Although there are a lot of wonderful, guided imagery courses scripts available, creating organic guided imagery scripts are a great way to enhance your role as a Nurse Coach and personalize the experience for the client(s). It’s also an awesome way to create a tool for your own self care needs.
Depending on your specific nurse coaching niche, you may encounter experiences with clients who are dealing with grief, chronic inflammation, teenage anxiety, or whatever your calling may be. Guided imagery can be incorporated in literally any niche.
Nurses are already experienced writers, I mean…. you do it every day, right? Those who practice guided imagery have a greater understanding of the power of this type of meditation, so why not create your own guided imagery scripts tailored to your client’s needs.
It may just ease someone’s pain, reduce anxiety, increase positive thinking, or help visualize the path to any goal.
Here are 5 tips Nurse Coaches can use to Write Guided Imagery Scripts
Read, Recite, and Meditate with Guided Imageries
As with nurse coaching, the best way to get good at something is to practice, practice, practice!
Read guided imagery scripts online or the one’s provided through INCA out loud. Recite them in a comforting tone, taking pauses at appropriate times. Record your readings and practice to improve. Journaling helps if you are stuck.
Experience a few guided imagery meditations so you can experience prayer in a spiritually deeper way. Enjoy the moment and then go back and listen to the person reciting the script. This will help you get an idea of how you might narrate one and then develop your methos of delivery such as where to pause and ponder with in the meditation.
Try a meditation or breath exercise to calm yourself and focus. This will help you visualize the scenes of the guided imagery and help you experience the script as you write it, which gives the script a personal feel.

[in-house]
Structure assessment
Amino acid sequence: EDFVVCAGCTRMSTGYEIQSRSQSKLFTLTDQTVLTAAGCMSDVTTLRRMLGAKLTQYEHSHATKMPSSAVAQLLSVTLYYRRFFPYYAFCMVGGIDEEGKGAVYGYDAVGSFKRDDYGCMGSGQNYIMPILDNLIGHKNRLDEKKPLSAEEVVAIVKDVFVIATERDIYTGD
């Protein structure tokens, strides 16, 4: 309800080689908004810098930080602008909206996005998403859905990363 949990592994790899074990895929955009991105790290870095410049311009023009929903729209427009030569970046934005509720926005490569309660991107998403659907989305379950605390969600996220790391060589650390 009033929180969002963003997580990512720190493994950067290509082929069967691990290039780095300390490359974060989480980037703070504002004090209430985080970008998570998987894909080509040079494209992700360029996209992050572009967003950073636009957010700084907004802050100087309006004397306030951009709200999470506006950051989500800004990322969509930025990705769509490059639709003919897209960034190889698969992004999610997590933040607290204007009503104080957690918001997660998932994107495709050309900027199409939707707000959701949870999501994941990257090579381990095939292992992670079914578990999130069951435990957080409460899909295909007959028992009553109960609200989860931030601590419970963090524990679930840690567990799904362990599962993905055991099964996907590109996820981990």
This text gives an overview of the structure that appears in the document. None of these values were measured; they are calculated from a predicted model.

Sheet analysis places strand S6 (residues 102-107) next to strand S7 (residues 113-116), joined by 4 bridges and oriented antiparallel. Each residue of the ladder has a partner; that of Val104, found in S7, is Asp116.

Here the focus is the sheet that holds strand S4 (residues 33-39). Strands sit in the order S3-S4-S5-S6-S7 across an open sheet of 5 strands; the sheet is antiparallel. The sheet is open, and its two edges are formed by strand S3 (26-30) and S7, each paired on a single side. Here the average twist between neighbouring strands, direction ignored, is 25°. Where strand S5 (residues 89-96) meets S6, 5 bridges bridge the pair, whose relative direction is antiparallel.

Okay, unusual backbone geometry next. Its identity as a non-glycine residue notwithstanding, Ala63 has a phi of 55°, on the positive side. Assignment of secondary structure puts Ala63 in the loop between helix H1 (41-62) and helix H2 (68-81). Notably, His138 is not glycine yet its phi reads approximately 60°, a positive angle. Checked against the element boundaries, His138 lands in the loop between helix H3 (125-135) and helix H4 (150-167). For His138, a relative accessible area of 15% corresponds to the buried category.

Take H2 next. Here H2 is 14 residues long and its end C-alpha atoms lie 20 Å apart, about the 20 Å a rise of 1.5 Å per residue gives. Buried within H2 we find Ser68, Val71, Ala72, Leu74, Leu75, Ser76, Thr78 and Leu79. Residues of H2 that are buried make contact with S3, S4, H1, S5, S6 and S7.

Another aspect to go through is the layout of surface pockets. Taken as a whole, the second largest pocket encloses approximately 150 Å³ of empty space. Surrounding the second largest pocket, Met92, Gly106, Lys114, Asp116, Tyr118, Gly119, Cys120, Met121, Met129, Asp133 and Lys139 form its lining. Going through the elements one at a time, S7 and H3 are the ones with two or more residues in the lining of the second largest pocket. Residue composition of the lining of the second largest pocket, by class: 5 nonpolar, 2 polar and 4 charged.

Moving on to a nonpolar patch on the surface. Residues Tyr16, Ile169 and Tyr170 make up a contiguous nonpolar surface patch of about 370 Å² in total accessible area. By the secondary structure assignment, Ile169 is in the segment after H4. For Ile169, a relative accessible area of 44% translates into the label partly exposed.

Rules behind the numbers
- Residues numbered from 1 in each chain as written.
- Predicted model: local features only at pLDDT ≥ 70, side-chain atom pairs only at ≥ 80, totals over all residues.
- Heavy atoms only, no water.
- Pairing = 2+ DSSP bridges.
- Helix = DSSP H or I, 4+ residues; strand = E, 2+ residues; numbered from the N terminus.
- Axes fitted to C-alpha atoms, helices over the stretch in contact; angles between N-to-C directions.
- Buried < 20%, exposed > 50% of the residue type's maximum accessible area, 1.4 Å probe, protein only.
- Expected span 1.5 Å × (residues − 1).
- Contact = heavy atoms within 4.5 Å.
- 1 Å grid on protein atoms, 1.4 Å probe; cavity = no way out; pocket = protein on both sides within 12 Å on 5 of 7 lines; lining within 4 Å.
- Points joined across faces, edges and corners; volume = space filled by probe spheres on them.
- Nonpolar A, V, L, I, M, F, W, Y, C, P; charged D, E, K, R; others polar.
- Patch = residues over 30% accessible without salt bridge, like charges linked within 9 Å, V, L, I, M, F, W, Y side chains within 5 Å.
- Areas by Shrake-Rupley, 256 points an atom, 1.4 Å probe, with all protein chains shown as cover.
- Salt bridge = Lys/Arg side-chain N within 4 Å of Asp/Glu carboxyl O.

Plan your script.
Create a list of things you want to include in the guided imagery script based on the pain points and possible goals of potential clients. Brainstorming ideas for multiple scripts to include in your nurse coaching toolbox is great, but more importantly it attributes to your own self-development.
A nurse coach already has an idea of what the client might be suffering from because they are seeking your services based on your niche…. or niches. However, until you have that first or second interaction, you do not have an idea of what your client’s goals or desires are. You can be prepared with a guided imagery you created based on their potential pain points and a possible attainable goal visualize.
This is not “fool proof” as clients may desire to move on to a new goal, but you can have a more scripts on hand visualizing any goal. Better yet, if you have practiced enough, you will be able to freely guide an imagery practice without the use of a script – some with more experience do not need a script at all.
Choose one topic
Now that you have brainstormed ideas for the scripts, choose a topic. Pick one of the pain points you listed and visualize a solution. Now just write!
Tweak what needs tweaking
This is just a quirky way of saying edit. Read, reread, and adjust your script to suit your style. Recording your reading of the script not only helps you pinpoint changes needed, but it gives you practice as well.
Here’s a thought: If you are excited about creating mindful meditation scripts, why not record these for your practice or website? The how to’s on that is a bit involved, but there is software available for that.
Guided meditation is a great way to personalize the experience of your nurse coaching client and positively impacts your growth as a nurse coach.
Writing scripts is not for everyone, and that’s ok. You can find guided imagery scripts online and purchase them for use in your practice but be careful…. check those copyright laws and website policies.
Lisa is an adult wellness nurse in a family practice by day and a freelance health content writer by night….and Saturday morning. She is passionate about her career because she gets to do what makes her happy, help others and write.
Lisa is still actively involved with her INCA alumni and meets monthly with her cohorts and pursuing her board certification in Nurse Coaching.